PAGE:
In his 2015 book, What’s Yours is Mine: Against the Sharing Economy, Thomas Slee describes Paris, Barcelona and Rome’s struggle to pass policy that addresses the effects of Airbnb. When investors buy entire swathes of neighborhoods to turn the housing into short-term rentals, the result is higher property prices, traffic snarls, increased crime, and other problems related to transience.
If it was a matter of only a few people buying multiple properties to rent, or if people were simply renting their primary residence here and there, it would be different. But it’s about scale. As Slee puts it, if two people have a yard sale every weekend, it doesn’t have a huge impact on your block, but if every home on your block has a yard sale every weekend, it will disrupt the major patterns of the neighbourhood.
I am not naïve. I understand property is an investment. But it’s also a home. Which means it’s a transaction that involves a family’s beating heart.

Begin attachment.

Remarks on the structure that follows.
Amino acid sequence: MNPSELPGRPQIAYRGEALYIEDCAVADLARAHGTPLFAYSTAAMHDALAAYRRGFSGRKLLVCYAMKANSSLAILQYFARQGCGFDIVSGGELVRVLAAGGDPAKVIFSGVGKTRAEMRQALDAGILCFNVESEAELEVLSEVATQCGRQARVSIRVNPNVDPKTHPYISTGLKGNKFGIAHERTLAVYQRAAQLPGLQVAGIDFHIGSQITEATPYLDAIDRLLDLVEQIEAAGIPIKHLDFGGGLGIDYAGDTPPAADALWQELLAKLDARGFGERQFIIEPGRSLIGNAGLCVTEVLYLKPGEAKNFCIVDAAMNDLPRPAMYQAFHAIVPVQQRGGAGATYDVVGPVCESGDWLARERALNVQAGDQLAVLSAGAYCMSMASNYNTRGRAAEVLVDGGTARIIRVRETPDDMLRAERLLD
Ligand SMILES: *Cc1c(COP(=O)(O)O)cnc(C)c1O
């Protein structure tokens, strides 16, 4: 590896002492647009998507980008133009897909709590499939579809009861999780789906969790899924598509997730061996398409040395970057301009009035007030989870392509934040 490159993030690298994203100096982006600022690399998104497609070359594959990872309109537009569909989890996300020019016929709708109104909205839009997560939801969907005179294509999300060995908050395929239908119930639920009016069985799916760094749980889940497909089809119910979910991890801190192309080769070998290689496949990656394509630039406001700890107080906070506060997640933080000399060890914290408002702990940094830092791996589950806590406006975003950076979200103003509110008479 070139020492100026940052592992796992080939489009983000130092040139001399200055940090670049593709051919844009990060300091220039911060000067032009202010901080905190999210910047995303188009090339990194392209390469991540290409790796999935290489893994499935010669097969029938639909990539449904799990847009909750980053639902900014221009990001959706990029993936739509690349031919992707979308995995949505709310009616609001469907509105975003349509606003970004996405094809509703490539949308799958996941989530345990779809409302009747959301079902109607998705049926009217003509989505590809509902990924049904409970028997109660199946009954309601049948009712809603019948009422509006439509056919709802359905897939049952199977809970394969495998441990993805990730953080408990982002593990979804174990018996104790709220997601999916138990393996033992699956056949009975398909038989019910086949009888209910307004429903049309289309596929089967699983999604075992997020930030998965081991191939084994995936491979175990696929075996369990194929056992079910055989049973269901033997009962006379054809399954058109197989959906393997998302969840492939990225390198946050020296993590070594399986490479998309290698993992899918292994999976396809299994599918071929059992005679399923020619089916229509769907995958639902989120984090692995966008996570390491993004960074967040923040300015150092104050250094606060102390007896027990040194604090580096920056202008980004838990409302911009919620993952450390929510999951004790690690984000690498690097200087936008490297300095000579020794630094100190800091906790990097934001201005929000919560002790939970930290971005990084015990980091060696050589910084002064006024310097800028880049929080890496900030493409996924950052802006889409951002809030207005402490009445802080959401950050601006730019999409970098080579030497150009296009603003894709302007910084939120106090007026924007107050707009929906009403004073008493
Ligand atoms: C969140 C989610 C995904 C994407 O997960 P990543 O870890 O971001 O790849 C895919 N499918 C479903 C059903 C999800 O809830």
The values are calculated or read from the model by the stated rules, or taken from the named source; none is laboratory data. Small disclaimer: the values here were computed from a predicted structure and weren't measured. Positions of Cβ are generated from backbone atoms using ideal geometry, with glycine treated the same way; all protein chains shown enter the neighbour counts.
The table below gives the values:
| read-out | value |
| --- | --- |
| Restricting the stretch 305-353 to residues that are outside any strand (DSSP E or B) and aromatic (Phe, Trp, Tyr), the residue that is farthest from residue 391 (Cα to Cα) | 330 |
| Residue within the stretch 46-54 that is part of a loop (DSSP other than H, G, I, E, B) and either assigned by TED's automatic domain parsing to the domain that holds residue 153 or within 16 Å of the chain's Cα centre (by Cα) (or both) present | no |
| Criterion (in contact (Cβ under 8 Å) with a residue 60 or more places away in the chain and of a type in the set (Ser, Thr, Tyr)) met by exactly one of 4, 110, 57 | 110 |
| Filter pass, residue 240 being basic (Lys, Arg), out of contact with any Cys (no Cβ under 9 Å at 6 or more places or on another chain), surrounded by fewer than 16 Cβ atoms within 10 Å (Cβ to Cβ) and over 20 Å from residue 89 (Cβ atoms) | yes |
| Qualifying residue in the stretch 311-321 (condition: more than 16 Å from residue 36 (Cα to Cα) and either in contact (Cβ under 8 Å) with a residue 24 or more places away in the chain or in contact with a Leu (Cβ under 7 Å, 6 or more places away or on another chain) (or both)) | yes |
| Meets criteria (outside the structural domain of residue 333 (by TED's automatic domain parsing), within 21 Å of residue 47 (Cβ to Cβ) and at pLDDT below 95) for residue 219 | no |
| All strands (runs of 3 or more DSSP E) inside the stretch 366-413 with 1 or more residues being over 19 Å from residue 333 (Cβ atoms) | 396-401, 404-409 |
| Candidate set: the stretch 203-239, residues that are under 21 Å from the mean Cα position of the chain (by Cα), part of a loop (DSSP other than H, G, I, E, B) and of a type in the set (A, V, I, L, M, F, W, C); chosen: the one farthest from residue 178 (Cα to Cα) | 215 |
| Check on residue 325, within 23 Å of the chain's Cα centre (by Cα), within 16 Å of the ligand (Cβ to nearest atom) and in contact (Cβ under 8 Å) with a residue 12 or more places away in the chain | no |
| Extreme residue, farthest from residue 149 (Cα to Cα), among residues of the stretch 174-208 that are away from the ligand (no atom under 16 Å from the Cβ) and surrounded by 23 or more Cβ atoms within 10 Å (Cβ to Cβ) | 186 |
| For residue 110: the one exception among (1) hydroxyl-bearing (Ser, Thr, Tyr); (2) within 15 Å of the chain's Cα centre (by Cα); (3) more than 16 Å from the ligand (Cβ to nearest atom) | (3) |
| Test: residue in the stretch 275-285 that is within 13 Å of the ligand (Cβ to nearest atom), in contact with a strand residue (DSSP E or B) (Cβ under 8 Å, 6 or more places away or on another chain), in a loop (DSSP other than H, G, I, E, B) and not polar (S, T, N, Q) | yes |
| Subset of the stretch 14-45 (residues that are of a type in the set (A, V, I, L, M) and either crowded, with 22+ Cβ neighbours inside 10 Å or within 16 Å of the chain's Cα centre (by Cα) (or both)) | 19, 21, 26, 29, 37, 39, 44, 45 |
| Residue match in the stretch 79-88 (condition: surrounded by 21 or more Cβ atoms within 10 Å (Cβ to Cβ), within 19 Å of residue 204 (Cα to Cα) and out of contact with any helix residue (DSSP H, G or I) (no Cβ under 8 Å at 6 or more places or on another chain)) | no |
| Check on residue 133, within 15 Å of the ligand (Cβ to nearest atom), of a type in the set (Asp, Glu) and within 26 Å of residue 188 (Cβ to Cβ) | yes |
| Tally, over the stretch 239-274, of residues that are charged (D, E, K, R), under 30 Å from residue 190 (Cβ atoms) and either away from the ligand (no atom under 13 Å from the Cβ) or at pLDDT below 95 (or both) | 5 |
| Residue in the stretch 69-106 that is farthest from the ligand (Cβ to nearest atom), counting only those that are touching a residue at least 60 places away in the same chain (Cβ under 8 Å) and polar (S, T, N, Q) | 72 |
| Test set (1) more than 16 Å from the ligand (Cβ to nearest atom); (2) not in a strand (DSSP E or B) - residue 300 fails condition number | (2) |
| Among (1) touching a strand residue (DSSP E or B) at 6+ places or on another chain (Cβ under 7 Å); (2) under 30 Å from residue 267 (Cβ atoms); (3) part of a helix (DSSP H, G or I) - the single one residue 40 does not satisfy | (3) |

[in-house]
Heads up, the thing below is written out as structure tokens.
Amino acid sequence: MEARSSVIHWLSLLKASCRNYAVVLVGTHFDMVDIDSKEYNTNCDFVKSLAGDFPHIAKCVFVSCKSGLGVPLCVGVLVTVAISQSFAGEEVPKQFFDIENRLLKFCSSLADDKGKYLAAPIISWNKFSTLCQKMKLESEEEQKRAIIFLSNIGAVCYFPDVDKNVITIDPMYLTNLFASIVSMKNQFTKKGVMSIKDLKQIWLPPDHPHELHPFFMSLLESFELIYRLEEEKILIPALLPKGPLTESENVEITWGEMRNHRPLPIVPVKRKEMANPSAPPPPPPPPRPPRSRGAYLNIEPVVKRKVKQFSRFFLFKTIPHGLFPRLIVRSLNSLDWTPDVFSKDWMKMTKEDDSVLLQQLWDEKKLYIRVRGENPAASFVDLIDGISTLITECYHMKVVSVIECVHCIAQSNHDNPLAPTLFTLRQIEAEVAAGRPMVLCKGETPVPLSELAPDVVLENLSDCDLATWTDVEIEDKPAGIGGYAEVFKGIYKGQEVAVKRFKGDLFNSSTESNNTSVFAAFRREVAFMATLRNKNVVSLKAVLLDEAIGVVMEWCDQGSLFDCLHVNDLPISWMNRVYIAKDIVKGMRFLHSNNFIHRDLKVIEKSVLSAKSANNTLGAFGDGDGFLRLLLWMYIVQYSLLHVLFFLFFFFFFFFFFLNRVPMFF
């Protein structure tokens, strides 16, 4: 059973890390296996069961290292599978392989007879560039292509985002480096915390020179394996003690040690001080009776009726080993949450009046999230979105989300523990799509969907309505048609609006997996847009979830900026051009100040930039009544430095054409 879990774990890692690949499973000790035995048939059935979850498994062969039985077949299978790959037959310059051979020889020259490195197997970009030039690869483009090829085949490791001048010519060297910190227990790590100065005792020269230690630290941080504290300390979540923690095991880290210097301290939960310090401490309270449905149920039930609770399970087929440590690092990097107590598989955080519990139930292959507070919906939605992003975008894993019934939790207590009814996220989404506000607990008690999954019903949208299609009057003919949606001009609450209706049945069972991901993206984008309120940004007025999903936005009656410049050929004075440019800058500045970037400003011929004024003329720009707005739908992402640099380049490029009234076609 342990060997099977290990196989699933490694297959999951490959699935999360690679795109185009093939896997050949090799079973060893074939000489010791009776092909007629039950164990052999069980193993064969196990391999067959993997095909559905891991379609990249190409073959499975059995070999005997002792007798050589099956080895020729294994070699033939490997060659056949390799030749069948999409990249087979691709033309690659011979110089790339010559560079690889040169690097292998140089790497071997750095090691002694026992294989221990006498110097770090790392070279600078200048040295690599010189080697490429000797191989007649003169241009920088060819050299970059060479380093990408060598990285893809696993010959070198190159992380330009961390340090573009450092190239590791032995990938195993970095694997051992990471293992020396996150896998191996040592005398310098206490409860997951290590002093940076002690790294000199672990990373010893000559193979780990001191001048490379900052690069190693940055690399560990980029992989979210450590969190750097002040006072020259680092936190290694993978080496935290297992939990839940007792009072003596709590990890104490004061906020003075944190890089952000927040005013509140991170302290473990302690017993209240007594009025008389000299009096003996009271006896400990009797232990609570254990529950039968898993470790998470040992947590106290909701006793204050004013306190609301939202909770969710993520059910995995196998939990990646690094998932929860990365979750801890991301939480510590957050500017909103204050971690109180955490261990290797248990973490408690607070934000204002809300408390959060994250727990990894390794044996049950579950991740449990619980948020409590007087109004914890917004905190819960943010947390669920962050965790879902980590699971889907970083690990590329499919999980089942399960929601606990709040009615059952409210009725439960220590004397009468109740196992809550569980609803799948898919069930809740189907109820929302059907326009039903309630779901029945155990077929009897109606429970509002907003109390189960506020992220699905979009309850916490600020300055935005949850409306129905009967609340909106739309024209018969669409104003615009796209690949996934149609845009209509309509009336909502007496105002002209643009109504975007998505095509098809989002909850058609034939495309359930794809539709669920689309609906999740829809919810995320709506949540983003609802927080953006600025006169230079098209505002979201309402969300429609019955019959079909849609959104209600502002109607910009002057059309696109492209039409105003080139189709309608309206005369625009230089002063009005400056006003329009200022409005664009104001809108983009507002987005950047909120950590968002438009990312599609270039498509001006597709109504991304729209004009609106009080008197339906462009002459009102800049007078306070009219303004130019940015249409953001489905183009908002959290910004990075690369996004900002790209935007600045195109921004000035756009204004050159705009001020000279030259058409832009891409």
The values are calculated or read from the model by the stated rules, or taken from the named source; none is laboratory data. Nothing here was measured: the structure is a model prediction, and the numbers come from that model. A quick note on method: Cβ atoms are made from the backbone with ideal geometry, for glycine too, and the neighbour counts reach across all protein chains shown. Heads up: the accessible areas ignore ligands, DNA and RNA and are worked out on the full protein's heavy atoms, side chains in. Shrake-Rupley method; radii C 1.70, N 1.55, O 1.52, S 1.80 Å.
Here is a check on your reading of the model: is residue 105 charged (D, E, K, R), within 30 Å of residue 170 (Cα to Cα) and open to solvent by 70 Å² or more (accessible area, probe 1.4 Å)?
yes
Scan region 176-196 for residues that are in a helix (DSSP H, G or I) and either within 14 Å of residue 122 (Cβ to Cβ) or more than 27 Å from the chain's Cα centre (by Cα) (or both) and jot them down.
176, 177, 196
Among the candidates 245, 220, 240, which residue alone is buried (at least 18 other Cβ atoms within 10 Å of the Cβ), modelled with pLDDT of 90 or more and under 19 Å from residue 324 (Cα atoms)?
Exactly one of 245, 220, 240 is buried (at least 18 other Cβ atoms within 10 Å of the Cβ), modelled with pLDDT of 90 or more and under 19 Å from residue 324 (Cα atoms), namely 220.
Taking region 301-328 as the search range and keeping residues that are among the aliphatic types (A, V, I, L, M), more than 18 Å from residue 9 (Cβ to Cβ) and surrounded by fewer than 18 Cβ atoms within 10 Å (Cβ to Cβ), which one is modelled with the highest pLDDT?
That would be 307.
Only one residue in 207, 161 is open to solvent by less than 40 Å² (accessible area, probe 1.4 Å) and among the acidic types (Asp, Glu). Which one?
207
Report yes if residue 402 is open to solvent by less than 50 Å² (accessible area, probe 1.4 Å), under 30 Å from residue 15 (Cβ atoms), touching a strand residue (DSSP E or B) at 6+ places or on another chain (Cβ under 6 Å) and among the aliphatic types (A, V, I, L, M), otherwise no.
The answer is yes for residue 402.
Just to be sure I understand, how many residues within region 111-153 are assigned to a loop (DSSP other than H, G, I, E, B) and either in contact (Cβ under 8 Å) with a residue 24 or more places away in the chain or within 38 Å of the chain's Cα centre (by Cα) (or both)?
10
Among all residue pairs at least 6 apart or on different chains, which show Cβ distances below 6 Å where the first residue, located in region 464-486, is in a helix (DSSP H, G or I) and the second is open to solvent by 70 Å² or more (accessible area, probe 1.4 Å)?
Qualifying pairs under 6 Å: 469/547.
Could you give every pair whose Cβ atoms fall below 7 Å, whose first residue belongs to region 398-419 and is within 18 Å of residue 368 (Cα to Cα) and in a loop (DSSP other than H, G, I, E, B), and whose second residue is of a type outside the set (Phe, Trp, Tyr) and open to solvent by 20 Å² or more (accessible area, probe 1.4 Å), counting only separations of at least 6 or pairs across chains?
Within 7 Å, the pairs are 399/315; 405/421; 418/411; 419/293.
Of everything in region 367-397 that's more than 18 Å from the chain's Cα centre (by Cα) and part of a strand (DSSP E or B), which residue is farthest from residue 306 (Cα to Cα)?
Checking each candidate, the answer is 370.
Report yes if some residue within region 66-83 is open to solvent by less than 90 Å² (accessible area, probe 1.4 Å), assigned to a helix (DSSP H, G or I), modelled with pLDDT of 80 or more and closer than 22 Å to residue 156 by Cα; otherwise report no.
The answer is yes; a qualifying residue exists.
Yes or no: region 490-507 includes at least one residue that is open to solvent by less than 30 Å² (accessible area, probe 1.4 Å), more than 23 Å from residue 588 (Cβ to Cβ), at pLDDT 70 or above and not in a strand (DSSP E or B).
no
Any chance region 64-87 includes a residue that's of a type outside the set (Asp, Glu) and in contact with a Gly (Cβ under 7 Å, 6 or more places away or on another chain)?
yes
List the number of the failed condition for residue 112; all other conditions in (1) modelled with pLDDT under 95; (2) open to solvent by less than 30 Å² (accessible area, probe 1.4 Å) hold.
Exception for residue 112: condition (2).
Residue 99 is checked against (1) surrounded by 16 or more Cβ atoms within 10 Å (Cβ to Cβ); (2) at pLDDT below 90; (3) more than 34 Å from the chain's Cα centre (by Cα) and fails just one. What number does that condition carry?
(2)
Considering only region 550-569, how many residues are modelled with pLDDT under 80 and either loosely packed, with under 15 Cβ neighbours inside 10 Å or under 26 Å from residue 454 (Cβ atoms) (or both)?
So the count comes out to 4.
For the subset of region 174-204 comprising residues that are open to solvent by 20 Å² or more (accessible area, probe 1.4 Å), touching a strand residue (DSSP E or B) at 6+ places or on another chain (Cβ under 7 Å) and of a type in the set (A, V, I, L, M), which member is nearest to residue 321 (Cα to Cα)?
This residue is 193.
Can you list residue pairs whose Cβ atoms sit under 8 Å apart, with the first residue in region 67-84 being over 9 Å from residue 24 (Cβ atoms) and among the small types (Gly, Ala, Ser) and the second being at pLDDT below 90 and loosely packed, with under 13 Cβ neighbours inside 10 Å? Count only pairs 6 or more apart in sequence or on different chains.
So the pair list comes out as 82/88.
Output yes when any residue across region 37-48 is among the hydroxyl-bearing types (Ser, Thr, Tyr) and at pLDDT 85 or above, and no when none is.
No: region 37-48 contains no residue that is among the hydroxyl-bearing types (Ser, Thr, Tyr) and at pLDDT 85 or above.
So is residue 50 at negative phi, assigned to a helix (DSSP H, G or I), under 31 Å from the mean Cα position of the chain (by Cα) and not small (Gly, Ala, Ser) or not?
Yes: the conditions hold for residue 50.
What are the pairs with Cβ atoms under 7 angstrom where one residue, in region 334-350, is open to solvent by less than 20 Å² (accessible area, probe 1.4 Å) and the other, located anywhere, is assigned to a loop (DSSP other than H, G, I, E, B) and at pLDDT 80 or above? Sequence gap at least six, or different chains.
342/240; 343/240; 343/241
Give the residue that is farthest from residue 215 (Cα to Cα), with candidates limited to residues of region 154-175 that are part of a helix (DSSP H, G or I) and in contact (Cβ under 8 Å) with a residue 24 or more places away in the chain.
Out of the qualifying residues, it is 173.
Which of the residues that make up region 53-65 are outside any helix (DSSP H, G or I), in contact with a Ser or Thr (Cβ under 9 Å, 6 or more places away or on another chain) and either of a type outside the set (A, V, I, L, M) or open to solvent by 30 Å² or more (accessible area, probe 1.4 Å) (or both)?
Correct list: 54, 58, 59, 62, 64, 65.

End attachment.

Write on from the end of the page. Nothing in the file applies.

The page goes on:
In my experience of buying, selling and renting homes across the US, from New York, to Wisconsin, to California, the people involved respected the importance of the beating heart in the transaction. Which changed the entire nature of the deal. It made the sale or rental feel caring and humane, like something larger was at stake than simply making money.
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We bought our brownstone in Park Slope, Brooklyn from a woman who had raised her son in it. The competition for the apartment was fierce but she wanted us to have it. She had no desire to lose financially, but it was a cherished home and she loved that we were a couple starting a new family. When we sold our house in Wisconsin, I didn’t want to miss out on revenue, but it mattered that our beloved home would continue to provide a nest to someone who needed it.